The Bass, Berry & Sims government contracts team successfully defended an award to CWU, Inc. of a $143 million task order by the Department of the Army, U.S. Army Intelligence and Security Command (INSCOM) for linguist support services. The task order was issued under the Defense Language Interpretation and Translation Enterprise (DLITE) contract, which is a five-year, $9.7 billion Multi-Award Task Order Contract that provides interpretation and translation services DOD-wide at a variety of security levels.
The cost-plus-fixed-fee task order, which has a one-year base period and two one-year options, is for linguist, interpretation and translation support services to intelligence operations in order to meet ongoing mission requirements for the U.S. Central Command (CENTCOM), European Command (EUCOM) and African Command (AFRICOM). The Army first selected CWU for award in November 2014. SIG, the incumbent contractor, protested that award and the agency took corrective action in December 2014. INSCOM affirmed its original award decision in March 2015 and SIG again protested.
In its second GAO protest, SIG argued that the Army's evaluation of proposals was unreasonable and resulted in a flawed selection decision. Specifically, the protester alleged flaws in the Army's evaluation of the offerors' proposals in the technical, past performance and cost factors. The genesis of most of the protester's arguments was the fact that it was the incumbent contractor, and thus the protester argued its incumbency should have merited higher evaluation scores. For example, the protester argued that as the incumbent contractor it should have been rated superior with respect to transition risk because, SIG argued, it was the only offeror that could offer a "no-risk" transition. Likewise, the protester argued that the Army failed to recognize the differences in the offerors past performance, specifically referencing its incumbent contract. The GAO found the record did not support SIG's arguments, but rather supported the Army's evaluation of SIG's proposal given that the protester had difficulty in filling linguist positions under the incumbent contract and had been issued a letter of concern relating to the number of candidates submitted for government consideration.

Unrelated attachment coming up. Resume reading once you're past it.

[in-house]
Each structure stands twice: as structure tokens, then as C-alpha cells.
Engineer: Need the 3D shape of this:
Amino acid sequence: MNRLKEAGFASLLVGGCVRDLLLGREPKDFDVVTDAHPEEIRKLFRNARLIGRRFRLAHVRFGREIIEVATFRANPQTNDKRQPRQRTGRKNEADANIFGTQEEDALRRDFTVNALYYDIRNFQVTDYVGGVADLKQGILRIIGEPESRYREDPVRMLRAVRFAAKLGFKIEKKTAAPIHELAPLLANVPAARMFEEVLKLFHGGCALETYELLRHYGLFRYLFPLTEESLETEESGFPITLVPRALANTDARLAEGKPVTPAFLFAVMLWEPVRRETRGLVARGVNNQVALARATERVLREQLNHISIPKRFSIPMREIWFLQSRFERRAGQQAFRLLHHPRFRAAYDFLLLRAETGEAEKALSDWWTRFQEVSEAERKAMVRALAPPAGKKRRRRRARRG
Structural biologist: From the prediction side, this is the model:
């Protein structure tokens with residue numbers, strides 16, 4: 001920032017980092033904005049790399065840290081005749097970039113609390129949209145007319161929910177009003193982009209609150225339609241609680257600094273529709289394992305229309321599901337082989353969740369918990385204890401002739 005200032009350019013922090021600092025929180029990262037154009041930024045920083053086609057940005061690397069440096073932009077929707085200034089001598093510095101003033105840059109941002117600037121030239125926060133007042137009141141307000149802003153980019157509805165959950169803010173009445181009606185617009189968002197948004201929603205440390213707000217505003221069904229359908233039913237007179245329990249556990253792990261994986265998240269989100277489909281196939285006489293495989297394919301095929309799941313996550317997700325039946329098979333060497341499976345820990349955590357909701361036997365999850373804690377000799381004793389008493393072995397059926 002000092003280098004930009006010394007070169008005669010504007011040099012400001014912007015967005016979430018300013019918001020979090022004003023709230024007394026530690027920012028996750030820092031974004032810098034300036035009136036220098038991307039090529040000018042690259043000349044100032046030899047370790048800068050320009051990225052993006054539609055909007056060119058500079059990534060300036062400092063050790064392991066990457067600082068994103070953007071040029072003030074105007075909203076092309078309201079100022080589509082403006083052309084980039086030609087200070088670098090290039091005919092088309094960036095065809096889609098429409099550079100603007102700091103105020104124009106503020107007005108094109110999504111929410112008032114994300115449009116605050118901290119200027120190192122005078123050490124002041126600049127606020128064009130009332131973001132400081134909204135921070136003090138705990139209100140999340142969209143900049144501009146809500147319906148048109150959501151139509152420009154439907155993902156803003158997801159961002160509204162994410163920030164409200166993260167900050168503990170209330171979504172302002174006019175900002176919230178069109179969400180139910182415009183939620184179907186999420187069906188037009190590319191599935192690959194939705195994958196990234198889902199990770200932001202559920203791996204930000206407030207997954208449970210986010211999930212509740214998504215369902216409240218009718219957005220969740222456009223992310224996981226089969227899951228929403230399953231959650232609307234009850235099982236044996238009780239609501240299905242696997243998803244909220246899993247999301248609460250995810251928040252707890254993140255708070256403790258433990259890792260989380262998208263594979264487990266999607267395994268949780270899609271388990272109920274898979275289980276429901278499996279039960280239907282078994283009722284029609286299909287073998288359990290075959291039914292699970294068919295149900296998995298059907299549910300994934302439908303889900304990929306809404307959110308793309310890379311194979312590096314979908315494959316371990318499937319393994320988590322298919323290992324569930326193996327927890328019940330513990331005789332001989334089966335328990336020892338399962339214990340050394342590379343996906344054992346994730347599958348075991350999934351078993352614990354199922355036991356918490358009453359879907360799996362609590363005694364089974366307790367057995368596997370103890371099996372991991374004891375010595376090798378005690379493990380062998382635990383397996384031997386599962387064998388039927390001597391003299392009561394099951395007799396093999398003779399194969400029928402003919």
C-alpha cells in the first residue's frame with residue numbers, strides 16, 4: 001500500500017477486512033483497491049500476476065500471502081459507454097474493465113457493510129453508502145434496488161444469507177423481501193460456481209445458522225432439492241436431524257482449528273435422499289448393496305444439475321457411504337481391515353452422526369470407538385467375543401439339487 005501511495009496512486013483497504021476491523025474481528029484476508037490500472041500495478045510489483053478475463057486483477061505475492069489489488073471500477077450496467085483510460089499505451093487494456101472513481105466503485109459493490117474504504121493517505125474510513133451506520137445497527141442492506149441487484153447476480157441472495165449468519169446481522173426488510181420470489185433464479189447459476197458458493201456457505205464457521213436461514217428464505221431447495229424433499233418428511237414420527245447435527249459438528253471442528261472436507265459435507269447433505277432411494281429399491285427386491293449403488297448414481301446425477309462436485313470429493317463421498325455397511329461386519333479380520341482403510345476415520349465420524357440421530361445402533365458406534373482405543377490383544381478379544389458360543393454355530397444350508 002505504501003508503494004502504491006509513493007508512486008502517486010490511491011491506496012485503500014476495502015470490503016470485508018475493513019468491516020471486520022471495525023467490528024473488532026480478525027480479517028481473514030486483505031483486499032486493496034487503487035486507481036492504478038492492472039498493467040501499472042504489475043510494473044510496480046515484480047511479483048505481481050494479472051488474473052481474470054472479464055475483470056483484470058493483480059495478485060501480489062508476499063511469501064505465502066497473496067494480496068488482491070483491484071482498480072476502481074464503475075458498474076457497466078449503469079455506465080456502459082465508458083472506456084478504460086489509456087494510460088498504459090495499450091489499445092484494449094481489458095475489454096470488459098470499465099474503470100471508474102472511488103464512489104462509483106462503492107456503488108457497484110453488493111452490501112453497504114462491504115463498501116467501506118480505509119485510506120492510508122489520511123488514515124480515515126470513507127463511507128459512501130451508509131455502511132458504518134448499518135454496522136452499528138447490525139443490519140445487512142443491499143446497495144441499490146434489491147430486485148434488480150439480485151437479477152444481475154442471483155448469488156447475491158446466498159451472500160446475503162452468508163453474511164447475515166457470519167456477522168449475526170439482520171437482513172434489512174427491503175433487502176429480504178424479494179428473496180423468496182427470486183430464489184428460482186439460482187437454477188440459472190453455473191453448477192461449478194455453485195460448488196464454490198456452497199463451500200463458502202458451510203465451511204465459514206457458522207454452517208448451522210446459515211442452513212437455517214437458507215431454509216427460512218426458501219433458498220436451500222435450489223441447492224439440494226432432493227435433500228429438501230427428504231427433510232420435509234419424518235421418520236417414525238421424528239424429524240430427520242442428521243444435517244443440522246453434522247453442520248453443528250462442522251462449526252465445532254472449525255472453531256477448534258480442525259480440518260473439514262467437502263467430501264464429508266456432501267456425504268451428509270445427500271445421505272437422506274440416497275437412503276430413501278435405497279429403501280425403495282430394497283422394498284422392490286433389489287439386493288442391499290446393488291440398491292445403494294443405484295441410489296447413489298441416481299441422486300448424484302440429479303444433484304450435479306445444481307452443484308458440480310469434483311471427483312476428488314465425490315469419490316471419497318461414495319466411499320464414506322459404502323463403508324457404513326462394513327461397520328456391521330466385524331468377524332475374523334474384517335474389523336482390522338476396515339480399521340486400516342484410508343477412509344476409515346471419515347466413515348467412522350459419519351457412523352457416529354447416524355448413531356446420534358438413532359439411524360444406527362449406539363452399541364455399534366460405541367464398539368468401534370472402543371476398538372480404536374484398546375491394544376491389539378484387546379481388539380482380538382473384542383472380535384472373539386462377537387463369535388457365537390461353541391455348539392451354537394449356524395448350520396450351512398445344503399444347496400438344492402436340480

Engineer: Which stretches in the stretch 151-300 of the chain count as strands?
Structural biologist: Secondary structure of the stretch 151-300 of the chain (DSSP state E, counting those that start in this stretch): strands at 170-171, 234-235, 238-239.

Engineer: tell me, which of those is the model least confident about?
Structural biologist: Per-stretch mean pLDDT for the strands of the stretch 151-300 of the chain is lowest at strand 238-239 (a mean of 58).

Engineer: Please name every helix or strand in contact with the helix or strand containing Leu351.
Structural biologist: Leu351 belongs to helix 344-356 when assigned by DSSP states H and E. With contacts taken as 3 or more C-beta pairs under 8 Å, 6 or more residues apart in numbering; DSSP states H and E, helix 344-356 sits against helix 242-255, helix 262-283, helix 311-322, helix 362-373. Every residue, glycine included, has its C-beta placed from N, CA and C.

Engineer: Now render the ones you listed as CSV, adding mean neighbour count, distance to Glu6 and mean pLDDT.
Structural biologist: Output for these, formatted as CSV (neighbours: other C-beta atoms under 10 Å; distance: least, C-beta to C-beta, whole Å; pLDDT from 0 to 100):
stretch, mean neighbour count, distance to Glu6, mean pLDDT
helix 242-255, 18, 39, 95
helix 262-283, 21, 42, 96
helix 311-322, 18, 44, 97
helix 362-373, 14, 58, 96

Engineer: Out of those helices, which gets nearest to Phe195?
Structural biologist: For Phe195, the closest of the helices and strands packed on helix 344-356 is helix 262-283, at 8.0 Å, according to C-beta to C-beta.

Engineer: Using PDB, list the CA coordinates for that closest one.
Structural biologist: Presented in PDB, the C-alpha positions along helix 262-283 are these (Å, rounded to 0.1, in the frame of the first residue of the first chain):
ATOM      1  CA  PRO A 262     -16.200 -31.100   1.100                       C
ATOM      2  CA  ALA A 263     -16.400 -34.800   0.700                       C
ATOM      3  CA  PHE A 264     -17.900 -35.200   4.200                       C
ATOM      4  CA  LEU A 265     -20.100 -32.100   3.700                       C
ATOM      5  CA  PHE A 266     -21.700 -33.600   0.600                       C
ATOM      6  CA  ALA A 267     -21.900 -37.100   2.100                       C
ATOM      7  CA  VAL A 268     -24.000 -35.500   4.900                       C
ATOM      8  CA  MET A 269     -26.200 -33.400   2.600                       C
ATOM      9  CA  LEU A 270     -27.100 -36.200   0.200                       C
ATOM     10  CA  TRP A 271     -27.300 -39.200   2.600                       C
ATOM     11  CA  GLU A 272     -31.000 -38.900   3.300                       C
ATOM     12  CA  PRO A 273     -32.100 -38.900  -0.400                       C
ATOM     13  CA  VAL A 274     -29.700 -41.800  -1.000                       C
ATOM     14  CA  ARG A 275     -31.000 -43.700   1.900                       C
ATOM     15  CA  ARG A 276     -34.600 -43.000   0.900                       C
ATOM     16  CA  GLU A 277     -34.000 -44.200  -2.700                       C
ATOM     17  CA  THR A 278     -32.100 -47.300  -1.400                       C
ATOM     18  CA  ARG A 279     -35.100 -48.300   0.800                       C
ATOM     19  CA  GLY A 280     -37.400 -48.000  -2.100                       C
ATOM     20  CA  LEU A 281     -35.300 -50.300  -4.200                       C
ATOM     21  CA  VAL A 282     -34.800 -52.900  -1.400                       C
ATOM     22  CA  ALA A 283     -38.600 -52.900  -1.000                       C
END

After multiple rounds of briefing, the GAO denied each protest ground, finding reasonable the Army's determination that CWU offered a superior solution for the required linguist and translation services.